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Funkstown: Slavery in Foggy Bottom

By Frank Leone


April 16 marked D.C.’s Emancipation Day – the date in 1862 when President Lincoln signed legislation freeing enslaved people in D.C. (while providing compensation to owners who remained loyal to the Union). This act preceded the Emancipation Proclamation which freed those in the states in rebellion (Jan. 1, 1863) and the 13th Amendment to the Constitution, which outlawed all slavery (Dec. 5, 1865). The “first freed” included “persons held to service or labor” in Foggy Bottom. “Slavery was part of the social order from the very beginning” of the City of Washington and in earlier colonial times.


In 1632, English King Charles 1 granted land to George Calvert, first Lord Baltimore, to form the colony of Maryland as a refuge for Catholics (who had been expelled from Virginia). Scottish and English settlers arrived in what became D.C. early in the 1700s. They were “cultivators of the soil” who raised tobacco, corn, wheat, and cattle with assistance from enslaved people, who also served as domestic and skilled workers.

City of Washington, Foggy Bottom section, 1792 (Library of Congress)

One of the earliest plantations was Widows Mite (1664), purchased in 1714 by Thomas Fletchall, who may have been the first settler to actually live in the area. In 1763, part of Widows Mite was sold to Jacob Funk to create the new town of Hamburgh (Funkstown). In 1791, the town and plantations were incorporated into the new City of Washington. Some local slaveholders included the following.


Thomas Peter (1771-1837) and his bride Martha Parke Custis (1777-1854), the granddaughter of Martha Washington, lived at a house built in 1795 by his father Georgetown merchant Robert Peter. The three story duplex was located at 2618-2620 K Street and was demolished for the Potomac Freeway in 1965. Peter was a major landowner, slaveholder, merchant, banker, and horse racing enthusiast. In addition to enslaved people Thomas held, Custis brought 90 of Martha Washington’s enslaved people with her. The enslaved people held by the Peters mostly worked at the Peters’ tobacco plantations in Maryland. But at K Street, the Peters employed enslaved people as domestic servants and they also had a tobacco house (barn) behind their house.

Thomas Peter's Account Book, listing enslaved people received as part of Martha Park Custis dowery (excerpt), 1796 (Leslie L. Buhler, Tudor Place, White House Hist. Ass'n 2016)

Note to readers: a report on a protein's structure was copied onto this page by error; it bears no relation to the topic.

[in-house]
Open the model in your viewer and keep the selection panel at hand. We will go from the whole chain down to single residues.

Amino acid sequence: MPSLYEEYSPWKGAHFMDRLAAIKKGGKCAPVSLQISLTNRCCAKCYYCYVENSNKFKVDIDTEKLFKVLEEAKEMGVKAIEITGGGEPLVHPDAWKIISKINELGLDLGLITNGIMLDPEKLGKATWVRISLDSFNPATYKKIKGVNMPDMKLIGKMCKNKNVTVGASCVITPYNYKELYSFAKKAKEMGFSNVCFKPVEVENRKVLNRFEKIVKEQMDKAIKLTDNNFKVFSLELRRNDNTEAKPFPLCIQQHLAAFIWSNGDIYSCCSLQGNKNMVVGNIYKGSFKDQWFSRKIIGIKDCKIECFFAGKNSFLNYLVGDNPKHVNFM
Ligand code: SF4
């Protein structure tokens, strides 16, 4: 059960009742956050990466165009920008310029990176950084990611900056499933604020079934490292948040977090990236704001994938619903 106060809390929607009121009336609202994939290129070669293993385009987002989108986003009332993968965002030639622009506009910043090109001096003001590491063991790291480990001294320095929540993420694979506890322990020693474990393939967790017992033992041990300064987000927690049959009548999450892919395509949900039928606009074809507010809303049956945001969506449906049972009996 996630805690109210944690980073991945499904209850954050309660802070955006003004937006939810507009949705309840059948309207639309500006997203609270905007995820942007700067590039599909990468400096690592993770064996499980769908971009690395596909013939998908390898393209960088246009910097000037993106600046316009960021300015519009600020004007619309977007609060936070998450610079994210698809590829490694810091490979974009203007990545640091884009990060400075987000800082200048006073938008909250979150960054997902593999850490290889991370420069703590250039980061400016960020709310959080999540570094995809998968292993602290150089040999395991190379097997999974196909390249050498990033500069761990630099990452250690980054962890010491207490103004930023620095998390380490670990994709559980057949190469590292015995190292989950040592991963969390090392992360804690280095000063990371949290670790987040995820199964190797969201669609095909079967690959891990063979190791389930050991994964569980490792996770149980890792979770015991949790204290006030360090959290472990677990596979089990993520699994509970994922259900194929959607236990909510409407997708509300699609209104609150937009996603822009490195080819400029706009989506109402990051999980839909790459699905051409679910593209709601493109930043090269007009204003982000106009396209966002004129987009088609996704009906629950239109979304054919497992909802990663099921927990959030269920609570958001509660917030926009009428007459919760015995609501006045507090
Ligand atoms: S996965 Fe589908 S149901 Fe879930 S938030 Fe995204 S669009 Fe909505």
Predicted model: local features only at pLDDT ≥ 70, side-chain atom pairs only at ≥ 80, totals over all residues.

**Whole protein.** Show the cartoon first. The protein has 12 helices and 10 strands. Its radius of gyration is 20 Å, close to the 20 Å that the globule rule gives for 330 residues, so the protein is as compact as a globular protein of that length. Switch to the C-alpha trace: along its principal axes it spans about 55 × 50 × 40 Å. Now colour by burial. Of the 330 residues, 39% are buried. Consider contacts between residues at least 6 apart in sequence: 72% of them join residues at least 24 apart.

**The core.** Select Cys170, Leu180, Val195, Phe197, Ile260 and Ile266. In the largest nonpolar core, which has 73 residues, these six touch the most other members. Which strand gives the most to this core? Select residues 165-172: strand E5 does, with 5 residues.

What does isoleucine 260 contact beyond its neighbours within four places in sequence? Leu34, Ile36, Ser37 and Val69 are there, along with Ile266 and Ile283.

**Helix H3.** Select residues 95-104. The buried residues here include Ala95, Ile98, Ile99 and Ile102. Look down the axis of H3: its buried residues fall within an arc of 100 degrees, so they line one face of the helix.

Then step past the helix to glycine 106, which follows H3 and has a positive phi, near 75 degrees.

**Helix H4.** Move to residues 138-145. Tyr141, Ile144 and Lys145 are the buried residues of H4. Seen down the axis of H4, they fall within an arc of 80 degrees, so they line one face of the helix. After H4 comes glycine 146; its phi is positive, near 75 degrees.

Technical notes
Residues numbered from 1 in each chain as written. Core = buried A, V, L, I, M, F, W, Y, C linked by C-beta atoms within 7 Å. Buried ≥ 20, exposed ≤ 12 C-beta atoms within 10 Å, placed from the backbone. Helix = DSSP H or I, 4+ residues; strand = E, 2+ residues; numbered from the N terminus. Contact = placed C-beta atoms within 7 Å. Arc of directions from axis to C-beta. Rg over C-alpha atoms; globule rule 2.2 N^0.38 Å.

In 1792, Davey Burnes sold the land for the White House to the federal government, but kept the land at 17th and Constitution Ave. (now the Organization of American States). He had 600 acres of tobacco and orchards. According to the 1790 census, Burns also held twelve enslaved people, who lived in cottages elsewhere on the property. The property was subsequently occupied by the Van Ness family, who also held captive workers.


John Tayloe III’s Octagon House (18th and New York Ave.) was built in 1800, in part by enslaved people. Tayloe was a Virginia tobacco planter and race horse breeder whose family held over 400 captive workers who labored at 13 estates. The Tayloes occupied the Octagon during the winter months with 10-20 enslaved domestic servants, who lived primarily in the house’s basement.


Foggy Bottom’s early industries likely utilized enslaved people. William Easby opened a shipyard in1829. He had worked at the Washington Navy Yard where skilled enslaved workers (including shipwrights and caulkers) worked, but captive workers at the Foggy Bottom yard have not been documented. In 1828, Easby joined 1,000 D.C. citizens in a petition to congress to abolish slavery in the District.


Free African Americans also populated Foggy Bottom from its earliest days. For example, in 1825 Roderick Hampton, a free African American, purchased property in Square 5 (now the Potomac Freeway) and African Americans owned property in surrounding blocks.


Sources: Leslie L. Buhler, Tudor Place, White House Hist. Ass'n, 2016; George McCue, Octagon, Being an Account of a Famous Washington Residence: Its Great years, Decline & Restoration, American Institute of Architects Foundation, 1976 Letitia Brown, "Residence Patterns of Negroes in the District of Columbia, 1800-1860," Records of the Columbia Historical Society, 69-70, (1971); Foggy Bottom Association History Project.


NOTE: April 15, 2023 was the 175th Anniversary of the largest freedom seeking effort in American history – the 77 enslaved people who left Washington’s 7th Street wharf on the School Pearl. Read more about the effort and Emily Edmondson who left from what is now GWU.

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